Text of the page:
I turned to my children.  "Do you guys think you could buy that wood right there?  Take it into the register and pay for it?"  They looked at each other unsure.  "C'mon.  You can do it!  Here.  Here's some money," I said adjusting the baby on my hip with one arm and digging through my purse with the other while using one foot to keep the cart from rolling away.  "It'll be fine...Where is my wallet?  Okay, here!  Just stay together." They began to walk away.  "And watch for cars!" I called after them.

I worried and watched for them while buckling the baby in the car and distracting him with snacks for a moment while I loaded the grocery sacks in the trunk.  Relieved, I finally spotted them tugging the bundle of wood between them.  "Good job, you guys!" I called across the parking lot.  Right behind them I noticed the sympathetic woman from the dairy case.  I silently hoped she wasn't judging. 

Instead, as they drew nearer she called, "Did you get your cream?"

I couldn't believe it. "No!  Did they really have some?" I questioned as I moved to the children and relieved them of their burden.

"They did.  In the back."

"Well, wouldn't you know it.  Just my luck today," I complained, finishing with the bags and closing the trunk.

"Here.  You can have mine," she offered holding a large bottle of whipping cream up high a couple of cars over.

"Oh, that is so nice of you!  But no, that's okay," I gushed as I pushed the empty cart to the corral. 

When I turned around she was coming toward me, cream still in hand.  "No, really.  Here take it," she offered again.

My arms shot out reflexively, my hands waving her off.  "No, no.  That's yours! I can't take your whipping cream!  What will you do then?" I asked as she neared me.

"I can get some more.  I don't have any kids with me.  All of mine are grown now," the kindness in her eyes disarmed me now that I really saw her.

"But I--"

"Take it.  It's yours," she insisted and thrust it into my hands.  "Merry Christmas," she said, really meaning it.

I found myself hugging the cream to my chest.  A lump had suddenly sprung into my throat, and I had to swallow hard to get my thanks past it.  She just smiled, and I stood there, overwhelmed, watching her walk back to her car.  Unexpected human kindness is a beautiful thing, and on this day, for me, nearly miraculous.

My kids even felt it.  When I got into the car we all sat there for a minute until Logan said simply, "That was really nice."

"Yes, it really was," I wholeheartedly agreed, blinking back a couple of tears.  "That was a very Christlike thing to do."  I started the ignition and slowly backed up.

"She doesn't even know us," Griffin joined in.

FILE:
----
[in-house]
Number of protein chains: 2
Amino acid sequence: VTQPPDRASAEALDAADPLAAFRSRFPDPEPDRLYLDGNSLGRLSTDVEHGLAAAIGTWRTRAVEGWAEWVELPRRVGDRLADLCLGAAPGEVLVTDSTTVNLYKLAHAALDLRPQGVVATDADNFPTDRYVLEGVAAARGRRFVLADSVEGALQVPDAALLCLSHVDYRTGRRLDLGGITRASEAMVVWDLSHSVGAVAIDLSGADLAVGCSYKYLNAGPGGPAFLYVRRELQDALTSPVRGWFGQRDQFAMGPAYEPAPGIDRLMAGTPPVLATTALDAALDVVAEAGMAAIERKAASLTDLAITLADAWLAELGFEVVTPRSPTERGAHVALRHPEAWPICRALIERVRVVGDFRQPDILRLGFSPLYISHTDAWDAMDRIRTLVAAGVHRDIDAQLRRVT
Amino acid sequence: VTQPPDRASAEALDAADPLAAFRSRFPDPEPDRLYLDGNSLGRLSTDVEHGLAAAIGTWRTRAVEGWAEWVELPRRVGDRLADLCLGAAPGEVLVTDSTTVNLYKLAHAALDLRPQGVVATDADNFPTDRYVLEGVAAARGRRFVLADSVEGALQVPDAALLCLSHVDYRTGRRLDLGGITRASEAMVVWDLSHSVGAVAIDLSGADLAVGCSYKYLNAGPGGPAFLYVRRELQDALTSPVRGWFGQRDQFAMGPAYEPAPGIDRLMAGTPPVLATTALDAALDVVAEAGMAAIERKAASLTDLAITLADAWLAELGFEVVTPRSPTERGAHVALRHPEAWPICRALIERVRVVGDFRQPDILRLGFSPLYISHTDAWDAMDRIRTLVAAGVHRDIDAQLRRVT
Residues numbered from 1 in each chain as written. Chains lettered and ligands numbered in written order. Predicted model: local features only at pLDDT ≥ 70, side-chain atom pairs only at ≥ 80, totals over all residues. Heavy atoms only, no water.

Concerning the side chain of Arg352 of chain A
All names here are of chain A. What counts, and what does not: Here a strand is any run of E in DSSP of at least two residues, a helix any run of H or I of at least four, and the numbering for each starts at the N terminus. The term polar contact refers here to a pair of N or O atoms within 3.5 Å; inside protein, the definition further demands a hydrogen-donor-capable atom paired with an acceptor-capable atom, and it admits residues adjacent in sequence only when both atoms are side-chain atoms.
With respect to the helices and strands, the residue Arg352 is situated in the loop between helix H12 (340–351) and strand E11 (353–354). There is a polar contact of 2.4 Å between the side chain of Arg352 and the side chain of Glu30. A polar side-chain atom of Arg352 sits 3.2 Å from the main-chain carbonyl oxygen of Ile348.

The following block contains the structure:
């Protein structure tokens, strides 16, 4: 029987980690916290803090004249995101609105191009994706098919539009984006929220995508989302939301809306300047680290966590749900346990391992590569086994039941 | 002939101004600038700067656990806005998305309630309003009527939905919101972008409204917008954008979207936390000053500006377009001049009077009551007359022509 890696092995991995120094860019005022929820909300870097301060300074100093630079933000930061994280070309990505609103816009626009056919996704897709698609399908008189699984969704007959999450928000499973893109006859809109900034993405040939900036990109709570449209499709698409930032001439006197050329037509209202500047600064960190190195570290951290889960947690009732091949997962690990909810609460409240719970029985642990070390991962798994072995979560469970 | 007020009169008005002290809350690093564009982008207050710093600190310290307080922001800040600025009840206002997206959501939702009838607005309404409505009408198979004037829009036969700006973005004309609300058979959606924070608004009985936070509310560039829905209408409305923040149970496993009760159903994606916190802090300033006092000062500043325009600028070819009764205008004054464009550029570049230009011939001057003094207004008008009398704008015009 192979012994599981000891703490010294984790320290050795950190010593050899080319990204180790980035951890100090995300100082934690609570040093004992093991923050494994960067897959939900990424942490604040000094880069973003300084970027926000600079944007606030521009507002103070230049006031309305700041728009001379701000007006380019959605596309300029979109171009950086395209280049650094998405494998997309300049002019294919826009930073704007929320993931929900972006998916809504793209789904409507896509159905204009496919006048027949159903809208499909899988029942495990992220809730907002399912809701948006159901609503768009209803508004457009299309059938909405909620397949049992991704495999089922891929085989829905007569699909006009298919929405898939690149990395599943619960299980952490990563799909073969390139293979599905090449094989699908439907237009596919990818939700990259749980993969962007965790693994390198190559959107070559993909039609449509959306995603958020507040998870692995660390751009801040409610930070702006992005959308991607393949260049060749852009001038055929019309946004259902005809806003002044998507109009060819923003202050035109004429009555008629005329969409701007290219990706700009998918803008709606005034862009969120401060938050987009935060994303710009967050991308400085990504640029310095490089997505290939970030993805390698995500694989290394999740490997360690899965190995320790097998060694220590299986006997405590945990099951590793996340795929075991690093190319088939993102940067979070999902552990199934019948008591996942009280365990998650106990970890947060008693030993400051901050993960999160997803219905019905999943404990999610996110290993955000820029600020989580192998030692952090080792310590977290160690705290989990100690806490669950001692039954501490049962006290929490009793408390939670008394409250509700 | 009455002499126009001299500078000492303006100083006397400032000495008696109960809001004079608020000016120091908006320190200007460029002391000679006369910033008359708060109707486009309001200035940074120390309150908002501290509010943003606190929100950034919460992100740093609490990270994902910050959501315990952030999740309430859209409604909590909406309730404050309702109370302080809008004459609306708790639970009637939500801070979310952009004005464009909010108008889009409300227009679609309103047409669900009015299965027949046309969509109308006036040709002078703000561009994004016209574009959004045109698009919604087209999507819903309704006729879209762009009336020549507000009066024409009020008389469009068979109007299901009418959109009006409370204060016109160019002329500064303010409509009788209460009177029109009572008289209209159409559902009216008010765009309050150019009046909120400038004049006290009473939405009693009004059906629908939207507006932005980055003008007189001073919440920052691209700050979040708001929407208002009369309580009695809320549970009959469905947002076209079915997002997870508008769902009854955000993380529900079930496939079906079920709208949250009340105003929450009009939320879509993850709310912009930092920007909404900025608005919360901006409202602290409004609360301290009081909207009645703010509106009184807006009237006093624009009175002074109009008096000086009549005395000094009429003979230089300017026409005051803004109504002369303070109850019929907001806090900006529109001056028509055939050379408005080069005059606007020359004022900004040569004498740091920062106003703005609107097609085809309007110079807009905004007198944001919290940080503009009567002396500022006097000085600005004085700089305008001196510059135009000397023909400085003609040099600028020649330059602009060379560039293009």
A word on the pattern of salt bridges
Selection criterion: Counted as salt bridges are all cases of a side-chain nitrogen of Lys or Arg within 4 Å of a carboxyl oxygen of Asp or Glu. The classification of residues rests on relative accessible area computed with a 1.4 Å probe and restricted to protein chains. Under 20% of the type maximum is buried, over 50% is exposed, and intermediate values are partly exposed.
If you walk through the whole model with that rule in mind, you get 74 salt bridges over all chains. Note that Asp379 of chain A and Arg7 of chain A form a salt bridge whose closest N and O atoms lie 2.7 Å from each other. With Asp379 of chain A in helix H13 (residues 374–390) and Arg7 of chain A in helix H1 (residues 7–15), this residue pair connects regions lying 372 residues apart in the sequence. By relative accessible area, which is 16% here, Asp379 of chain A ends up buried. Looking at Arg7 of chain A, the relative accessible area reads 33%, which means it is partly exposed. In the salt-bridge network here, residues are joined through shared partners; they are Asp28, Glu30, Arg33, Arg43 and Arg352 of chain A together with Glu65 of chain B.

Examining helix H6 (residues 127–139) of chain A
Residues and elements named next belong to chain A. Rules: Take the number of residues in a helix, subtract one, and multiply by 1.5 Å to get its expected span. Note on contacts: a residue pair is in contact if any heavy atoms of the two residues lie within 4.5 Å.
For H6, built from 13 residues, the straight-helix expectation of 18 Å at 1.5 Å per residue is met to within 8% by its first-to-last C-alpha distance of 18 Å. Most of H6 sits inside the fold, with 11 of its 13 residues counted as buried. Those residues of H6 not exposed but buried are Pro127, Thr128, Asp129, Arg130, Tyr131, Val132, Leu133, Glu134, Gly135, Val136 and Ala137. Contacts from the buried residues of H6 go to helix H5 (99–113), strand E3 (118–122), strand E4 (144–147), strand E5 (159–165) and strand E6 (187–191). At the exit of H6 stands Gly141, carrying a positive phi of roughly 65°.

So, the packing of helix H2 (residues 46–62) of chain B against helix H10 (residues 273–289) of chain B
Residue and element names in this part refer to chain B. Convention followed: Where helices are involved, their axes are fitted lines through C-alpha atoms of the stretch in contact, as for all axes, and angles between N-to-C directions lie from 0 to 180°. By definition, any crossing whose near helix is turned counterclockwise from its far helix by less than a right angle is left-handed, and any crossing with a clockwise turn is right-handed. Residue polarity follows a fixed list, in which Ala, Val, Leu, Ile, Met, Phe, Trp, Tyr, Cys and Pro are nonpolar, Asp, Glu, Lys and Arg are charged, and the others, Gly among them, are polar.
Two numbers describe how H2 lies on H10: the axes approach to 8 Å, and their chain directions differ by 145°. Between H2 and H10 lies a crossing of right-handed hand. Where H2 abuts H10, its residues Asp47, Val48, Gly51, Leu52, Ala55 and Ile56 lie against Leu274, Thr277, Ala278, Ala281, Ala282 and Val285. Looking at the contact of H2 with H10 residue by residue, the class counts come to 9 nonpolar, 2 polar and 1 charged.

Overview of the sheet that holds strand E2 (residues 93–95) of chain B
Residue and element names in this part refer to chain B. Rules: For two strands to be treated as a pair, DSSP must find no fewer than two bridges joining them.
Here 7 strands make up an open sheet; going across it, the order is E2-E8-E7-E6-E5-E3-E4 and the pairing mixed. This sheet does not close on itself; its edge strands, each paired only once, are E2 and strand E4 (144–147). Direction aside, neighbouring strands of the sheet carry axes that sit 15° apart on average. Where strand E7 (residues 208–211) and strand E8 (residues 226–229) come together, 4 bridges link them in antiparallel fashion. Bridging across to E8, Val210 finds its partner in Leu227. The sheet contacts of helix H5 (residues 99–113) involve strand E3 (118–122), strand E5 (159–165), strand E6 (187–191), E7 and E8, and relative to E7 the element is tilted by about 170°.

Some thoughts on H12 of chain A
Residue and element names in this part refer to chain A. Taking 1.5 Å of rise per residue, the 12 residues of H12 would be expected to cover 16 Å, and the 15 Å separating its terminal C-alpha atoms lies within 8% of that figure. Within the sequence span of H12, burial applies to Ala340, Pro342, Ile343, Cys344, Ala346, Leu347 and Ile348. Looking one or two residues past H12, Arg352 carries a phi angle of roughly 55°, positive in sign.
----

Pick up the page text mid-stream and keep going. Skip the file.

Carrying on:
"Nope, and we'll never be able to repay her...I guess the only thing we can do is to help somebody else like she helped us." 

And as we pulled away, I remembered that I really liked Christmas after all.

Tuesday, May 24, 2011

Sometimes, Angels Walk on Asphalt

"I hate Christmas."  It wasn't necessarily true, but the words fell out of my mouth before I could stop them.  Maybe it was the surrounding chaos or maybe it was something akin to understanding in the eyes of the other mother trying to contain a baby that inspired the confession in the middle of aisle 8 at Fry's Grocery Store.

She gave a tired laugh.  "I know.  And I have to go to Costco after this."

"Ugh.  I just came from there.  It's a madhouse."  Our conversation was cut short when my toddler threw a fit again, this time as my nine year old attempted to keep him from overturning a number of canned goods from their shelf.

It was the day before Christmas Eve, and the store reminded me of fighting traffic on the 405 in Southern California.  The same miserable traffic that I do not miss, and yet there I was bumping cart to cart in a very similar version.  If I hadn't needed a large bottle of whipping cream I would have taken one look at the parking lot and forgotten shopping altogether, but I was in charge of dessert for Christmas Eve dinner, and that required whipping cream.  Lots of whipping cream, as only the very best kind of desserts do.  Having only too late realized that Costco doesn't sell whipping cream, there I was with one fraying temperament in store number two with three kids in tow.  It was enough to make me hate Christmas, and as evidenced all around me, I wasn't the only one.

Everyone in the store seemed slightly short tempered as we impatiently maneuvered around one another through the too-tight aisles, our plans too often at odds with one another.  "Excuse me.  Sorry.  Can I just get around you.  I'll just be a second.  Sorry.  Didn't see you there..."  The bare minimum etiquette didn't quite make it to the eyes of most shoppers.  There, one could see the stress, the impatience, and the frustration.  More of which I would have noticed had I not been chasing my 20 month old who refused to sit in the fancy toy car/shopping cart that he had insisted upon only moments before, the monstrosity which I was now left maneuvering in this mess while trying to contain him at the same time.

"Logan!  I need your help!" I begged as the baby darted around the giant soda display.  "You go that way!"  As I rounded the other side, I heard screaming.  Familiar screaming.